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Call for submissions: The evolving forms, trends and manifestations of mercenaries and mercenary-related activities

The Working Group on the use of mercenaries as a means of violating human rights and impeding the exercise of the rights of peoples to self-determination is mandated by the United Nations Human Rights Council (HRC/RES/42/9) to monitor the use of mercenaries, mercenary related activities, and the activities of private military and security companies (PMSCs).

Background and objectives

Since the establishment in 1987 of a mandate on the use mercenaries as a means of violating human rights and impeding the exercise of the right of peoples to self-determination, the Working Group (and previously the Special Rapporteur) has examined the human rights impact of mercenaries and mercenary-related activities in different contexts. The Working Group has observed that, in general terms, the currently accepted meaning of the term 'mercenary' primarily captures persons who are paid to intervene in an armed conflict in a country other than their own. Despite being an old practice, mercenarism has significantly evolved over time and assumed new complex forms and characteristics. For instance, the Working Group found some similarities between foreign fighters and mercenaries (A/70/330).

2019 marked the 30th anniversary of the 1989 International Convention against the Recruitment, Use, Financing and Training of Mercenaries. Over the years, the Working Group has consistently called upon States to ratify and implement this Convention, while recognising that the legal definition of a mercenary contained therein is exceedingly narrow and difficult to apply (A/71/318). The Working Group further notes that in February 2019, upon the initiative of Equatorial Guinea, the United Nations Security Council held a high-level debate on the issue of mercenaries in Africa. Speakers at the meeting reiterated their concerns around mercenary activities and called for greater attention on the issue.

Given the ongoing negative consequences of mercenary activity on human security and human rights, the Working Group decided to dedicate one of its thematic reports for 2020 to examining the contemporary nature, patterns and trends of mercenaries and mercenary-related activities. The Working Group hopes that its study will shine a light on the complexities and nuances between different actors involved in such activities; their impact on the human rights of concerned individuals and communities, including in relation to the right of peoples to self-determination; and related regulatory, oversight and accountability challenges.

Call for submissions

The Working Group invites all interested governments, civil society organizations, academics, international and inter-governmental organizations, national human rights institutions, activists, private companies and others to provide information and views in writing to support the preparation of its thematic report.

While the Working Group welcomes any information deemed pertinent to the issue, it is particularly interested in the following areas:

1. Regulatory frameworks and their application

  • National legislative and regulatory frameworks, as elaborated in Military Codes or other instruments, on mercenaries and related issues (e.g. nationals engaged in military service abroad, foreign fighters etc.), including implementation of the 1989 International Mercenary Convention, Article 47 of the Additional Protocol I to the Geneva Conventions, and the 1977 OAU Convention for the Elimination of Mercenarism in Africa, as applicable.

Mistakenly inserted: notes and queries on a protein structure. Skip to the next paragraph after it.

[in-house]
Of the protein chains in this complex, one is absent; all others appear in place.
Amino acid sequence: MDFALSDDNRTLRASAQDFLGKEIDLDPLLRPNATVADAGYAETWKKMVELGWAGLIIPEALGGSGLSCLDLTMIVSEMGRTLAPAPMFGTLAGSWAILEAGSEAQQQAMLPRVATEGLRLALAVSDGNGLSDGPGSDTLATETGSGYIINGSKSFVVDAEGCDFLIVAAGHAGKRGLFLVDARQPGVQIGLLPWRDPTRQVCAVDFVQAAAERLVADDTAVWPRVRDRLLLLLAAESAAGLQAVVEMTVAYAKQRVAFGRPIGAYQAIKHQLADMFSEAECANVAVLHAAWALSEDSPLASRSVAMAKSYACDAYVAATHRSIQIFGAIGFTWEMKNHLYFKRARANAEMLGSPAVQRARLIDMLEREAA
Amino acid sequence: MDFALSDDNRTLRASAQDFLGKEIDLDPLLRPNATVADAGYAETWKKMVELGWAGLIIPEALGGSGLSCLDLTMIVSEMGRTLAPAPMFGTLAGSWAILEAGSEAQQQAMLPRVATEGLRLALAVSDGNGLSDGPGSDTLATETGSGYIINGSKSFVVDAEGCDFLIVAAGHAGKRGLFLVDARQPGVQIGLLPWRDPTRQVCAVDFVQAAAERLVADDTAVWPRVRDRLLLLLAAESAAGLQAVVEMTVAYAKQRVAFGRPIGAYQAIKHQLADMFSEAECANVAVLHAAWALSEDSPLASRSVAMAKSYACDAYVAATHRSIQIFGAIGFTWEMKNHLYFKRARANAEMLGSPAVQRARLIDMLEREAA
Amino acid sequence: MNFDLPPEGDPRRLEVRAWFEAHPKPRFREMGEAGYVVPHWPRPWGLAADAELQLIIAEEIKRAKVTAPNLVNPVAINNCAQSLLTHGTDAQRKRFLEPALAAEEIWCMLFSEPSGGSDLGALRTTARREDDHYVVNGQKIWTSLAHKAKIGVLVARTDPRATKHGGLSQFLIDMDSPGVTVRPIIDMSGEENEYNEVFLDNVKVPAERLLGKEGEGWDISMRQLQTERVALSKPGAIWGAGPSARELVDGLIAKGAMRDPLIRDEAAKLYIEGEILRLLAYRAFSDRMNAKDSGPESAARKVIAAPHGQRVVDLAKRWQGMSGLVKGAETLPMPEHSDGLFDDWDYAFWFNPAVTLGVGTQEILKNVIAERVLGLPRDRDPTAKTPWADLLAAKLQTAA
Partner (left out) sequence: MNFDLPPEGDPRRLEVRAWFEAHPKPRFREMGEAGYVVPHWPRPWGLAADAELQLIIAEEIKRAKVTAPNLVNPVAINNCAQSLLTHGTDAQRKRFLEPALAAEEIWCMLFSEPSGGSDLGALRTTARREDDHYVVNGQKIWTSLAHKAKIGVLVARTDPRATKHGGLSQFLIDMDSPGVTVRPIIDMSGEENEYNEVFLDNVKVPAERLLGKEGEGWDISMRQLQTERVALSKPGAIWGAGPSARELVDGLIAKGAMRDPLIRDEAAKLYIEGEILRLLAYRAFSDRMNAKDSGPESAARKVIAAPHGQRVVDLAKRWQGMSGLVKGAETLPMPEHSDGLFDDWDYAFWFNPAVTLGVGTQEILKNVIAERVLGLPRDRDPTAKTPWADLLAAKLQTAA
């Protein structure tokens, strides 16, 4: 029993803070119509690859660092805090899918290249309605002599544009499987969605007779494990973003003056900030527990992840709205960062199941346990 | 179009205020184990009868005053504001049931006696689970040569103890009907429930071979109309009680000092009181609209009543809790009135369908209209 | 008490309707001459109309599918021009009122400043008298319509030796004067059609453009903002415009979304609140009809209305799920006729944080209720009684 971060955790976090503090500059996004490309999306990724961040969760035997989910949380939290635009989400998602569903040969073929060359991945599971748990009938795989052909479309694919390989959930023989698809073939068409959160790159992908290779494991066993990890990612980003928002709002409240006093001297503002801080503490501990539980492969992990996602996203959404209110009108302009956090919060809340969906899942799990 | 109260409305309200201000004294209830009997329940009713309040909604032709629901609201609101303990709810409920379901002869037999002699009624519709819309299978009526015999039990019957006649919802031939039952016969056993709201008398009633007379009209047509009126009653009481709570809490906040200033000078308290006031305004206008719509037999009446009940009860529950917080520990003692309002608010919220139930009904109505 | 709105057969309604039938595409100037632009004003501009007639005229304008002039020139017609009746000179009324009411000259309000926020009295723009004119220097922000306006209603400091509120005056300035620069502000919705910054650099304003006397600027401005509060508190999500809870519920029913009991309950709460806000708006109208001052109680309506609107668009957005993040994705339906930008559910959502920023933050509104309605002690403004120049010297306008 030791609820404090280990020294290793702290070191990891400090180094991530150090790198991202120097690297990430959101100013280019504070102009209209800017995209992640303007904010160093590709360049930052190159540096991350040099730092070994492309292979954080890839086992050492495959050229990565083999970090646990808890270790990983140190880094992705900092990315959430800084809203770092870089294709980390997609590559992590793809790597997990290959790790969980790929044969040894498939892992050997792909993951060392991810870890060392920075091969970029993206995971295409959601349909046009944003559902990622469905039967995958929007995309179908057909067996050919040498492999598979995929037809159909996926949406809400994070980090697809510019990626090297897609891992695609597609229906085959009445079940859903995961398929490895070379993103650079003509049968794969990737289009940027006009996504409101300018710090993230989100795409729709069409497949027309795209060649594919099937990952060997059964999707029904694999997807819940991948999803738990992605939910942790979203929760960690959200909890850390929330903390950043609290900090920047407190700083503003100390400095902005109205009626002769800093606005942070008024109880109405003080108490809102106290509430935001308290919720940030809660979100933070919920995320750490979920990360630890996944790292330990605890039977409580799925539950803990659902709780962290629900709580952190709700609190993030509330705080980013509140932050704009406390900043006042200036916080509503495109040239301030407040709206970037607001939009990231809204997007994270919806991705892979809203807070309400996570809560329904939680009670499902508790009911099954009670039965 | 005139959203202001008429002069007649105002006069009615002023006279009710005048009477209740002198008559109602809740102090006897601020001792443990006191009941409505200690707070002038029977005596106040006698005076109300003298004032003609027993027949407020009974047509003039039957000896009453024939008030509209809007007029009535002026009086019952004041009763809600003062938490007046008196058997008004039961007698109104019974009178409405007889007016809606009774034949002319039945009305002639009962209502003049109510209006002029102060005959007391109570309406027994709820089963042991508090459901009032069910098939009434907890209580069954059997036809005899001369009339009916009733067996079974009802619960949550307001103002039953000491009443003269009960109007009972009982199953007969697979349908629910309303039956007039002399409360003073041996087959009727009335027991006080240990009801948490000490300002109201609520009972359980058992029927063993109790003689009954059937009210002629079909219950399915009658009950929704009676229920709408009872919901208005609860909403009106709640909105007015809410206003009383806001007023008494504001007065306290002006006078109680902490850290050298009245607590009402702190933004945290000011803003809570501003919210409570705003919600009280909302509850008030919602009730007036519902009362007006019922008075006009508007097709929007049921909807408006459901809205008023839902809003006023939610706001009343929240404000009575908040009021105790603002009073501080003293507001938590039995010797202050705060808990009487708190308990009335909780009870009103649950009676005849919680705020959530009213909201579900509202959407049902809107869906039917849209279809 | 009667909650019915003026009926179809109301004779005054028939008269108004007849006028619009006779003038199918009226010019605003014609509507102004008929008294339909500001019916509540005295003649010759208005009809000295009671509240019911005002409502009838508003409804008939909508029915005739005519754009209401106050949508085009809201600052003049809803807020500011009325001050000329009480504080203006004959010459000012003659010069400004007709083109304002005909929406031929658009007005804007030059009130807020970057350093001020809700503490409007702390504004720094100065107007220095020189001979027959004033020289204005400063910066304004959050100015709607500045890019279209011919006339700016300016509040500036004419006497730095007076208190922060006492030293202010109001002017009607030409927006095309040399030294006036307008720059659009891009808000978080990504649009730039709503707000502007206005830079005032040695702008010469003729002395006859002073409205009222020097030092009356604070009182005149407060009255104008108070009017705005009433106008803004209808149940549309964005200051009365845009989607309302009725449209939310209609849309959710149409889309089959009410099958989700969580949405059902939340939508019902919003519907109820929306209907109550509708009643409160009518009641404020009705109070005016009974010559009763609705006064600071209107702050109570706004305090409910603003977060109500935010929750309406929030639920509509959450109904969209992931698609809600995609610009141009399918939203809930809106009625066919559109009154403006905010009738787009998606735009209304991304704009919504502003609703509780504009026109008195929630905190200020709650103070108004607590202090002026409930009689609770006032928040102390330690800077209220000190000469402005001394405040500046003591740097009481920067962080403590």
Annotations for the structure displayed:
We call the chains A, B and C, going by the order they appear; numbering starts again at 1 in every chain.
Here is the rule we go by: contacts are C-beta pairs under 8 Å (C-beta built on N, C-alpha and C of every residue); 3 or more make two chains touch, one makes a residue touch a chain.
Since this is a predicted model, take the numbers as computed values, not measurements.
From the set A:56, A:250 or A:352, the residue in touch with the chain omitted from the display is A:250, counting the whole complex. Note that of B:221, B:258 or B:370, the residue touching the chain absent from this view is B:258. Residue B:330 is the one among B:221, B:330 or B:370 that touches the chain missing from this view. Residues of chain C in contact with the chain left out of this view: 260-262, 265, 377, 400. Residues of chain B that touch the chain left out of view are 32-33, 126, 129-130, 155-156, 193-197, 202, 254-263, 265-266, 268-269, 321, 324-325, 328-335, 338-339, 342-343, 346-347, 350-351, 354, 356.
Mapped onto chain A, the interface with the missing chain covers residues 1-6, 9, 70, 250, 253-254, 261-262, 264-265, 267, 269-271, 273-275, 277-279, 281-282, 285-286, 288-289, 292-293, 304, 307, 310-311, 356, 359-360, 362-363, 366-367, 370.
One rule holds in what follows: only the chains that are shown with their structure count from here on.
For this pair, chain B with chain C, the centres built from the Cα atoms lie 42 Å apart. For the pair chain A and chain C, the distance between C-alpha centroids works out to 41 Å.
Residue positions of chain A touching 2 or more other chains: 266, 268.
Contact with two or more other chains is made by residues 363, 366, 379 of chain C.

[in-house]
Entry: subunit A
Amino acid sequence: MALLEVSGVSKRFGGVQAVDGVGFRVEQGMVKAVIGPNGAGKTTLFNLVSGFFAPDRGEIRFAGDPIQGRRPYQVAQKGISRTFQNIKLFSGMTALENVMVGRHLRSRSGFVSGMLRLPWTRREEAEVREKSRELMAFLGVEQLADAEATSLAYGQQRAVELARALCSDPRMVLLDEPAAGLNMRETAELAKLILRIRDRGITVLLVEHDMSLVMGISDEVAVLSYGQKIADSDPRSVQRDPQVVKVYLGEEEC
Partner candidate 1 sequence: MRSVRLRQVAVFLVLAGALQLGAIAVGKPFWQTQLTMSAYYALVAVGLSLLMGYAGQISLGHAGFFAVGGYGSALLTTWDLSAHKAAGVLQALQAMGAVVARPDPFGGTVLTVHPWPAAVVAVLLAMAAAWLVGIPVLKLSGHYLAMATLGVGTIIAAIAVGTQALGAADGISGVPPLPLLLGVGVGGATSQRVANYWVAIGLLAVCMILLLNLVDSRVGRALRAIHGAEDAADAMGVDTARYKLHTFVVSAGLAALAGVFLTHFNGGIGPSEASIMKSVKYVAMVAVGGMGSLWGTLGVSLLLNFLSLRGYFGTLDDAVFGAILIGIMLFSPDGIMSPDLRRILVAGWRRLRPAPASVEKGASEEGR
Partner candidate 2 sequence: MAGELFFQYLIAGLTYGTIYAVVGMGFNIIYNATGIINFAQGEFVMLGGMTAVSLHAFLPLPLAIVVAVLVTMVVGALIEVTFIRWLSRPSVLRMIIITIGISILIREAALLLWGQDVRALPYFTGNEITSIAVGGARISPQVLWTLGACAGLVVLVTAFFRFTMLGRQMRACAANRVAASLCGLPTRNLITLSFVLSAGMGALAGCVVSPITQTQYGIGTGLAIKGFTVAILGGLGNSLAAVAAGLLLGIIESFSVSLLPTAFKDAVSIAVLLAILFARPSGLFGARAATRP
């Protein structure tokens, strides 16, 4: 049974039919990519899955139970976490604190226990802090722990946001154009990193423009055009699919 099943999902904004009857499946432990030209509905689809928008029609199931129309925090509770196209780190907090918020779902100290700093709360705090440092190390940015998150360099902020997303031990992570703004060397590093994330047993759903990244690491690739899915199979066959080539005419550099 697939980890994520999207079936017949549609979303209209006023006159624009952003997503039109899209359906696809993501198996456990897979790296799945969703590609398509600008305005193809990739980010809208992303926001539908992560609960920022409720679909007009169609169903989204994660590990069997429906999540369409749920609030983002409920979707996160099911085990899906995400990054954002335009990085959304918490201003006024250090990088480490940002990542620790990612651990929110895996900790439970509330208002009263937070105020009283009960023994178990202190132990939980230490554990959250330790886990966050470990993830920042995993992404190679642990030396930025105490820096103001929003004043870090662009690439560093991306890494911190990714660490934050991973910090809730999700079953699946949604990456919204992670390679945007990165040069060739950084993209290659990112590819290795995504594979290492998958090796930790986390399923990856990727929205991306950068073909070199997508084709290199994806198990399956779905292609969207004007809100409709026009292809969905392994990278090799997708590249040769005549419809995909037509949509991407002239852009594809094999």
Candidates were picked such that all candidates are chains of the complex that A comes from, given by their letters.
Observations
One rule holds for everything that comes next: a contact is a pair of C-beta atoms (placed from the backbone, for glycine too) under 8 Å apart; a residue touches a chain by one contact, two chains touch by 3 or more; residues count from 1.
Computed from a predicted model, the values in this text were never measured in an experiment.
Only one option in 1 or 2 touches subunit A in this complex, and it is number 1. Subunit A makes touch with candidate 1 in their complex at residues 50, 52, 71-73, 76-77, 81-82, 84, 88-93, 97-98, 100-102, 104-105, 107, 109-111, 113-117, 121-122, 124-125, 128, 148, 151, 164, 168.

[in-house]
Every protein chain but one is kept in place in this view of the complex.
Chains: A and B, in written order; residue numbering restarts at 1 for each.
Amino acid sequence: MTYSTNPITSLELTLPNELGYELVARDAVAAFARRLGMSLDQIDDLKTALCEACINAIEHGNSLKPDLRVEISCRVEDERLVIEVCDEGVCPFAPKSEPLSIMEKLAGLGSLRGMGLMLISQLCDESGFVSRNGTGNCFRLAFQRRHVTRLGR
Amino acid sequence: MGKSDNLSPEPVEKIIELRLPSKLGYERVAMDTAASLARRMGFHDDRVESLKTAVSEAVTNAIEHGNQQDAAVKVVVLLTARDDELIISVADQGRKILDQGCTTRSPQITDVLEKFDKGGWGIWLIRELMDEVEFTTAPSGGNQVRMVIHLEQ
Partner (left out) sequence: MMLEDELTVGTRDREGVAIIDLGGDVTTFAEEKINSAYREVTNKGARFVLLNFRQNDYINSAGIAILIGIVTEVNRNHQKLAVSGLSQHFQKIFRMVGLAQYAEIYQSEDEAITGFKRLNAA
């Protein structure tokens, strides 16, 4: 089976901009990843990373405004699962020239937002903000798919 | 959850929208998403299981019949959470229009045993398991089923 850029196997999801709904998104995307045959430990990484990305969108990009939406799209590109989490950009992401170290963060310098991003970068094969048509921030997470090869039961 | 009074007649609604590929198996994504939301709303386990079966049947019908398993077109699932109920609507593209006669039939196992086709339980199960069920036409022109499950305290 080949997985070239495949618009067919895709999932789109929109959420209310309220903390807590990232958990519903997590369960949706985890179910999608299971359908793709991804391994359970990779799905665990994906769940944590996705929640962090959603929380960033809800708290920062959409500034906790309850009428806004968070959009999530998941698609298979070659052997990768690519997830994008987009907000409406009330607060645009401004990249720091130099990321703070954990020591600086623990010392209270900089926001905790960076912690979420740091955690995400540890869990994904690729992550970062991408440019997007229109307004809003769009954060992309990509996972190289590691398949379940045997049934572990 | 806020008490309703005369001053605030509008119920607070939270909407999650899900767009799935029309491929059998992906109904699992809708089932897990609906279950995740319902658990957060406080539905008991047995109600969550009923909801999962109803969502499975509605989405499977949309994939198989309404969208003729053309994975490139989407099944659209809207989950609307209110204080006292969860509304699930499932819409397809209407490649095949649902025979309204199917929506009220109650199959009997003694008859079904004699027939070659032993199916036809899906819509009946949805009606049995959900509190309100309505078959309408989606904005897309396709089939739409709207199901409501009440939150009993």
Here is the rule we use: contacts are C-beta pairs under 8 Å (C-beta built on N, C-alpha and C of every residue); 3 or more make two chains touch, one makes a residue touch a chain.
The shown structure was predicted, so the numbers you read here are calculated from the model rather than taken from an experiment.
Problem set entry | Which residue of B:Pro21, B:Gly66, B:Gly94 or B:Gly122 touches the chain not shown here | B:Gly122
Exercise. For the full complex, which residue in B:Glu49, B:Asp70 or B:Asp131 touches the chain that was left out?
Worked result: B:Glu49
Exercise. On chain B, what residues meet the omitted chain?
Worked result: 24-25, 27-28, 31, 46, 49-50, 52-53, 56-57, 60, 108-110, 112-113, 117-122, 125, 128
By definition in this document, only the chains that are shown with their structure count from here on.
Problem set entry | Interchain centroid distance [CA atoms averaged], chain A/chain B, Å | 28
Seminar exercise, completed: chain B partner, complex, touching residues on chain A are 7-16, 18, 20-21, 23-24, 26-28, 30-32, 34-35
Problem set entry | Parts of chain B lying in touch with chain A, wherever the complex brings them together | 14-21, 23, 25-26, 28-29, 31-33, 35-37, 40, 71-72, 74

• Information and recent figures on investigations, arrests, prosecutions, convictions and penalties imposed on mercenaries and mercenary-related actors;
  • Observations on the level of implementation by States, regional and international bodies of the existing international legal framework on mercenaries, including impediments to regulate effectively the current forms, trends and manifestations of mercenaries and mercenary-related activities.

2. Current trends and developments

  • The types of services provided by mercenaries and mercenary-related actors as well as information on who they are, where they operate, their clients, the reasons behind their recruitment and the modalities behind the use of their services;
  • Trends and patterns regarding States of origin, motivational factors and professional backgrounds of mercenaries and mercenary-related actors;
  • The role of non-State armed groups and organised criminal groups in either using or providing mercenary and mercenary-related services;
  • Transnational, regional and national dynamics conducive to the use of mercenaries.

3. Human rights impacts of mercenaries and mercenary-related activities

  • Specific allegations about the use of mercenaries and mercenary-related actors in recent and ongoing conflicts, including methods of recruitment, motivational factors, training and financing;
  • Information on how the use of mercenaries and mercenary-related actors influence conflict dynamics;
  • Examples of the access to and use of advanced technologies and weaponry by mercenaries and mercenary-related actors; 
  • Specific allegations of human rights abuses committed or facilitated by mercenaries and mercenary-related actors, and violations of the right of peoples to self-determination linked to their use, including relevant gender-related and intersectional dimensions. 

How to send your written submission to the Working Group?  

Please send your submissions in English, French or Spanish in attachment to an email to mercenaries@ohchr.org and kindly indicate if you would like your submission to be published on the website of the Working Group or to be treated as confidential.

The deadline for submissions is 17 March 2020.


Submissions received

Member States

Other stakeholders